Natalie Brand contributed reporting.
More than 100 women are currently serving in the U.S. House of Representatives, more than any other time in history. The increase not only adds diversity to Congress, but also the number of working moms. More than one-fifth of the Congresswomen are moms to young children, according to analysis by the Center for American Women and Politics.
California Democrat Katie Porter is a new member and single mother of three -- and commutes between both coasts. Recalling the January government shutdown negotiations, Porter told CBS News' Natalie Brand, "I had to hop on a red-eye on Tuesday night to come back here, and my kids asked me 'Mom, when are you coming home?'"
"I had to tell them, 'Truthfully, I don't know,'" she said.
With the increase in parents, House leadership changed the schedule to make it more family-friendly this year, according to Politico. The chamber typically won't vote before 1 p.m. or after 7 p.m., and members will be able to spend more time in their home districts. Members are scheduled to be in session 130 days in 2019, slightly fewer than the 139 legislative days in 2017, the last non-election year.
"I think for any working mom, having the certainty around the schedule makes a big difference," Washington Republican Rep. Cathy McMorris Rodgers told CBS News. She is the only member to have given birth three times while serving in Congress, although fellow Washington Republican Rep. Jaime Herrera Beutler is currently pregnant with her third child as well.
"I remember when I first became pregnant, I was put on a list of members that would potentially retire that cycle, and this was my second term in Congress, and I wasn't thinking about retiring," McMorris Rodgers said. She said becoming a mom has made her a better legislator. Her oldest child, Cole, has Down syndrome, and she's developed a personal passion for advocating for people with disabilities.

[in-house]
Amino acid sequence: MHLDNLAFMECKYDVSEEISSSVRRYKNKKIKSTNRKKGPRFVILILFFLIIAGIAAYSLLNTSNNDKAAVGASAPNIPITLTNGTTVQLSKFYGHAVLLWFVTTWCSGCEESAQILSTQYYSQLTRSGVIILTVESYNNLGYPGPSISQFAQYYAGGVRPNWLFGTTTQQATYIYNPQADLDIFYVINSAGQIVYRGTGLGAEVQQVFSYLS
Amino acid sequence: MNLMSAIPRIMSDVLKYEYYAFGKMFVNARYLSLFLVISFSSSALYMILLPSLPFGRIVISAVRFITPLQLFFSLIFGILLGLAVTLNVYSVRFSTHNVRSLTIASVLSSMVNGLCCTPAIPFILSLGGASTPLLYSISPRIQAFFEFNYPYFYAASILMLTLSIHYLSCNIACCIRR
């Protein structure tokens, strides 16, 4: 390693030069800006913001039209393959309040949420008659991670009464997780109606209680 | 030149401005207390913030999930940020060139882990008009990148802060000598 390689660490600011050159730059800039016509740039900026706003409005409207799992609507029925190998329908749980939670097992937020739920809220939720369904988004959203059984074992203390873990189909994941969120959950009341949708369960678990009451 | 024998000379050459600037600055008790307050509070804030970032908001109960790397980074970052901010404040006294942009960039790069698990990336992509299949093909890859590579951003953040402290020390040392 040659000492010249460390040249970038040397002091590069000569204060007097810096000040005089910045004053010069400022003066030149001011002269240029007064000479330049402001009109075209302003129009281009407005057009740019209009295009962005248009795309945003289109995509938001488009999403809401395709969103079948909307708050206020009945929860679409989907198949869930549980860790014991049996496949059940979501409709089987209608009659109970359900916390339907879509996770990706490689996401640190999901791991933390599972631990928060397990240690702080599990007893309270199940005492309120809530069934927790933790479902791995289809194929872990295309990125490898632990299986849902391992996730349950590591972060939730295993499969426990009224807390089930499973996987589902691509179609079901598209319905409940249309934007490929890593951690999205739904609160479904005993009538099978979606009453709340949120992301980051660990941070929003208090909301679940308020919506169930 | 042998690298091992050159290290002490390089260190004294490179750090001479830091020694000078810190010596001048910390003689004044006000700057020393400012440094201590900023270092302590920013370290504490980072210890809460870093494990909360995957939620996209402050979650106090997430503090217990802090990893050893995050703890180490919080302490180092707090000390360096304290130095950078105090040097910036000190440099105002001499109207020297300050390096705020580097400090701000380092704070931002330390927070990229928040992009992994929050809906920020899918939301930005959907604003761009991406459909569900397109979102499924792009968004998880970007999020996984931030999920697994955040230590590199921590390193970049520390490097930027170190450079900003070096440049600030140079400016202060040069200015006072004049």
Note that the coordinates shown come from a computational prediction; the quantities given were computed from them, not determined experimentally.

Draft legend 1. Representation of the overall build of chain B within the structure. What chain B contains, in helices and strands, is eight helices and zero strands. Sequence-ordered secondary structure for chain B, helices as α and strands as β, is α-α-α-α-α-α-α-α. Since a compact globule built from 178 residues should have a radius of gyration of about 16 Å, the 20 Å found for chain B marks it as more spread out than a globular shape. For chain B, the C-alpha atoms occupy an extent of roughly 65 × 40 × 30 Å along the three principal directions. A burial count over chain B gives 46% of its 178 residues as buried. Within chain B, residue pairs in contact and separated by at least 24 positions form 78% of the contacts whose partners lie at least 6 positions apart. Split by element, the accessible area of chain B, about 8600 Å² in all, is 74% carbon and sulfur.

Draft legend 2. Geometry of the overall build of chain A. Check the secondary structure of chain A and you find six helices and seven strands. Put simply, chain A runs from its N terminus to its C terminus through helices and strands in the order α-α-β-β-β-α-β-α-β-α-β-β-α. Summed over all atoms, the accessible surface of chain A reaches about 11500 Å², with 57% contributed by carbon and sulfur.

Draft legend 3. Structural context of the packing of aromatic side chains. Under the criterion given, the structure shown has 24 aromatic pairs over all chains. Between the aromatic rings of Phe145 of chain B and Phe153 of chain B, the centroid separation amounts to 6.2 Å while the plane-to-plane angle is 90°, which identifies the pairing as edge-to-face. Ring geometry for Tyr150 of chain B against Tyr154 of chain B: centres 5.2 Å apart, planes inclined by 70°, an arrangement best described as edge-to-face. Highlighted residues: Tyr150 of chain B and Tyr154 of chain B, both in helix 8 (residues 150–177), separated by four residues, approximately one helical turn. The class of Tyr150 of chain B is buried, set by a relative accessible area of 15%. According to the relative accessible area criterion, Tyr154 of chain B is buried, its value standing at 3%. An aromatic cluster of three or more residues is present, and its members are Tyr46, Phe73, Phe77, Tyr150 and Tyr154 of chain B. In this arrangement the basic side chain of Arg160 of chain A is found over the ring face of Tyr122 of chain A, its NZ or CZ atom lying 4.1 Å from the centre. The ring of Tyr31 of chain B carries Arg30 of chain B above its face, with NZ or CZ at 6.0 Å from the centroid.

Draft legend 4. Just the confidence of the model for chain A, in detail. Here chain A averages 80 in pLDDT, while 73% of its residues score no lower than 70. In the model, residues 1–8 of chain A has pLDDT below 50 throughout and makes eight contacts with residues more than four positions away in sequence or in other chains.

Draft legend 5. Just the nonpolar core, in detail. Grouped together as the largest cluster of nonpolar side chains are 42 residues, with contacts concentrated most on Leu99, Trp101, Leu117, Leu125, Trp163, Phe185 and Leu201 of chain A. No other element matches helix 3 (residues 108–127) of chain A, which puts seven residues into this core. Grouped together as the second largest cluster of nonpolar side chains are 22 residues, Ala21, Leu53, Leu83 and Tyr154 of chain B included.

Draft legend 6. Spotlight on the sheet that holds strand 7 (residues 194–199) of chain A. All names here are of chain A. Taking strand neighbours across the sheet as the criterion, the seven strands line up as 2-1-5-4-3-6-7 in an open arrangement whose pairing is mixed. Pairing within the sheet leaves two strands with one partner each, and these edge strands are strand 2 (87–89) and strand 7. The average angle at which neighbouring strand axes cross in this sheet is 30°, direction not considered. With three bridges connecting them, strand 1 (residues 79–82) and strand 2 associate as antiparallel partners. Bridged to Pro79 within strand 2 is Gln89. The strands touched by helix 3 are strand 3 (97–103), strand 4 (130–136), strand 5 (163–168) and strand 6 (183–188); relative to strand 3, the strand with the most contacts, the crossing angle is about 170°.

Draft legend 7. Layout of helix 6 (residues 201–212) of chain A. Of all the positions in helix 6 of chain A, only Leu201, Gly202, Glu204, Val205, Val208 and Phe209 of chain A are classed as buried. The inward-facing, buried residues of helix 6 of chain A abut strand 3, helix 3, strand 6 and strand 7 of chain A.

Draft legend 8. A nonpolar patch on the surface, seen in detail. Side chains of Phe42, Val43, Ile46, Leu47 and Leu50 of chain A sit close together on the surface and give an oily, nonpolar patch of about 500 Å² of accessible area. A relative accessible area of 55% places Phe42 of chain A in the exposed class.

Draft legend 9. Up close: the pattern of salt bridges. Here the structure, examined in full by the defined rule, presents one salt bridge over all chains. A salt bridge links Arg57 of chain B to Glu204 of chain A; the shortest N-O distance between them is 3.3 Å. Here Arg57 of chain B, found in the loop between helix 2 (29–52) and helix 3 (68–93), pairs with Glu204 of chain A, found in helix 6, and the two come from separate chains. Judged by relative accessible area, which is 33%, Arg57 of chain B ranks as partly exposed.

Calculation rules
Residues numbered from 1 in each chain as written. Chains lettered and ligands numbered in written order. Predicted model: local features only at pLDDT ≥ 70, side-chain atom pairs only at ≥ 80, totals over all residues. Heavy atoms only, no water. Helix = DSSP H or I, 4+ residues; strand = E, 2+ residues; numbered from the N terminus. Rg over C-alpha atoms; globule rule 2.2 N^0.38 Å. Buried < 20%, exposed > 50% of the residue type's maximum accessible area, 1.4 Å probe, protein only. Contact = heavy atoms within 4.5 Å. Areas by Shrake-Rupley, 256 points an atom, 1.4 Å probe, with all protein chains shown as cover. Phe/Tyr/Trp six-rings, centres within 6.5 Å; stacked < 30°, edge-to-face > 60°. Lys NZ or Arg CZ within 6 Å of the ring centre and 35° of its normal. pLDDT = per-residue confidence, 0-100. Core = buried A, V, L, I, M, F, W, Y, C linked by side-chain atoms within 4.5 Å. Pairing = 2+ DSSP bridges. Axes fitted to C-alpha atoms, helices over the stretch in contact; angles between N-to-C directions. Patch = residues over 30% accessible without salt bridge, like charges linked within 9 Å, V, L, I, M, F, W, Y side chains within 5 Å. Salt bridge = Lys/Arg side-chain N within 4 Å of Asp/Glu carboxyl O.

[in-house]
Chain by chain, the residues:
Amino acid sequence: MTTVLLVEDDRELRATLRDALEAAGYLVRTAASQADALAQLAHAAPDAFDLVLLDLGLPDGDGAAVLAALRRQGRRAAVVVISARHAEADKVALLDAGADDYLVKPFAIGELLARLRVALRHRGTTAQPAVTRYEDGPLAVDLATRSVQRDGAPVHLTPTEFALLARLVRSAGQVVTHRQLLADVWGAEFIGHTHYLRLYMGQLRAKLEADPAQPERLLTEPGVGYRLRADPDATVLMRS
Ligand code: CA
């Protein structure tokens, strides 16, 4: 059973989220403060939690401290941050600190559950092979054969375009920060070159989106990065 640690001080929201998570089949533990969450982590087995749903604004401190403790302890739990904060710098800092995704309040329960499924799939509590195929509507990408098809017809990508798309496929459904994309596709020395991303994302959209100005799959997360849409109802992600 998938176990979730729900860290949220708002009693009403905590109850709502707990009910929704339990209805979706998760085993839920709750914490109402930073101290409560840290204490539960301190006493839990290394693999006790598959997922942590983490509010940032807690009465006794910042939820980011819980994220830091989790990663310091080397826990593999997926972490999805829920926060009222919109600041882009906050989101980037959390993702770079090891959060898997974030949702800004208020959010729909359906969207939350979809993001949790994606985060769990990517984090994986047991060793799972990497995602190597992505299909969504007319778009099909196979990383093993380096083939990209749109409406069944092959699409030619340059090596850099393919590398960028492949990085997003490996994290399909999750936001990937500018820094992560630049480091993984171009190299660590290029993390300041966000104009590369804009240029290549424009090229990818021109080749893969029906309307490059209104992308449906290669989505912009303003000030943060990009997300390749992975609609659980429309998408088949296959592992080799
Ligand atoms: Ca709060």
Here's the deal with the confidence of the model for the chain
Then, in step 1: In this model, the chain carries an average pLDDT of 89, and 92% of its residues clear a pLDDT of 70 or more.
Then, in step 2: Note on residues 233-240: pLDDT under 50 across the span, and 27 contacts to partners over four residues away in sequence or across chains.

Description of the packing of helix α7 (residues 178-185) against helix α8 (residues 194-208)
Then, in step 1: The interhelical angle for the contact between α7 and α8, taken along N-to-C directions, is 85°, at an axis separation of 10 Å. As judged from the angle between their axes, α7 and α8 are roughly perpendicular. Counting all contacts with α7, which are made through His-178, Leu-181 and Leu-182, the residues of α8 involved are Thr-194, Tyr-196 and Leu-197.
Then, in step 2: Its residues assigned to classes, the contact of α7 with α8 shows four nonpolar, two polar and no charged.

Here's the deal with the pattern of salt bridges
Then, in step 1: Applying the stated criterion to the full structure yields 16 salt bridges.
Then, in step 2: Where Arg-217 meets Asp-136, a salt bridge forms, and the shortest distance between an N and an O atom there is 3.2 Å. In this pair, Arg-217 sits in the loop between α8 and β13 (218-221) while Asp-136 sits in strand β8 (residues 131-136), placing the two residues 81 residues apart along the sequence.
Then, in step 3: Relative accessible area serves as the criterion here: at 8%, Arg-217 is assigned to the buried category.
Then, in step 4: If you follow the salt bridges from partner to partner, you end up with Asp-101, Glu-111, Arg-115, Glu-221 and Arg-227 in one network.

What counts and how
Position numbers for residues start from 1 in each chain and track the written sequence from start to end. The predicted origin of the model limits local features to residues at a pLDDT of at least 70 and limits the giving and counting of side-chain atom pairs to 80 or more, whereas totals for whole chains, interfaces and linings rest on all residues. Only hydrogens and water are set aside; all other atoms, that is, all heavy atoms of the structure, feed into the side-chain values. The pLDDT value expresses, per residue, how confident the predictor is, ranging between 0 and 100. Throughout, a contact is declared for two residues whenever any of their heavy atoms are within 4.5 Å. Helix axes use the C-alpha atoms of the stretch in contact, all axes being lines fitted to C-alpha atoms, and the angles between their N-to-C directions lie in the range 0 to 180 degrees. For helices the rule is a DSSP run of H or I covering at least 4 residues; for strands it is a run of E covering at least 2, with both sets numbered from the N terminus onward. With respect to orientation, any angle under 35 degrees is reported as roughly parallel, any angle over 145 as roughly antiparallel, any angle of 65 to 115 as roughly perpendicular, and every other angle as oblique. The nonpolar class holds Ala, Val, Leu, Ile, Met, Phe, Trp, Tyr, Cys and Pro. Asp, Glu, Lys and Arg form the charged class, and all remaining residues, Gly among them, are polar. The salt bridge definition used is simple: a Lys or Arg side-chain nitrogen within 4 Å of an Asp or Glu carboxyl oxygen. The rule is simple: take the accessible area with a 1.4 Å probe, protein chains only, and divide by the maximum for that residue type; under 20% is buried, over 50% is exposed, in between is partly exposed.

"All of the issues, all of the legislation and the questions, I see it through the perspective of being a parent, having kids, thinking about what their future is going to be," she said.
Porter said she was constantly asked about balancing work and family life during the election cycle last year. "What I took from those questions was just how much energy and concern there is among the public about balancing work and family, so it just caused me to come to congress even more energized about working on this issue," Porter said.
Porter said one of her legislative priorities will be working to reduce the cost of childcare, which she fears is driving women out of the workplace. She also wants to see expanded daycare options on the Capitol campus -- the current facility has had a years-long wait list in the past. "In terms of how Congress is changing to accommodate mothers of young children, I think it hasn't," said Porter.
Progress has been slow, but new members are eager to implement changes. In an effort to provide a support network for member moms, Rep. Debbie Wasserman Schultz from Florida launched an informal "Moms in the House" caucus last year.
The group hopes to meet monthly in 2019. They held their first dinner meet-up in late January.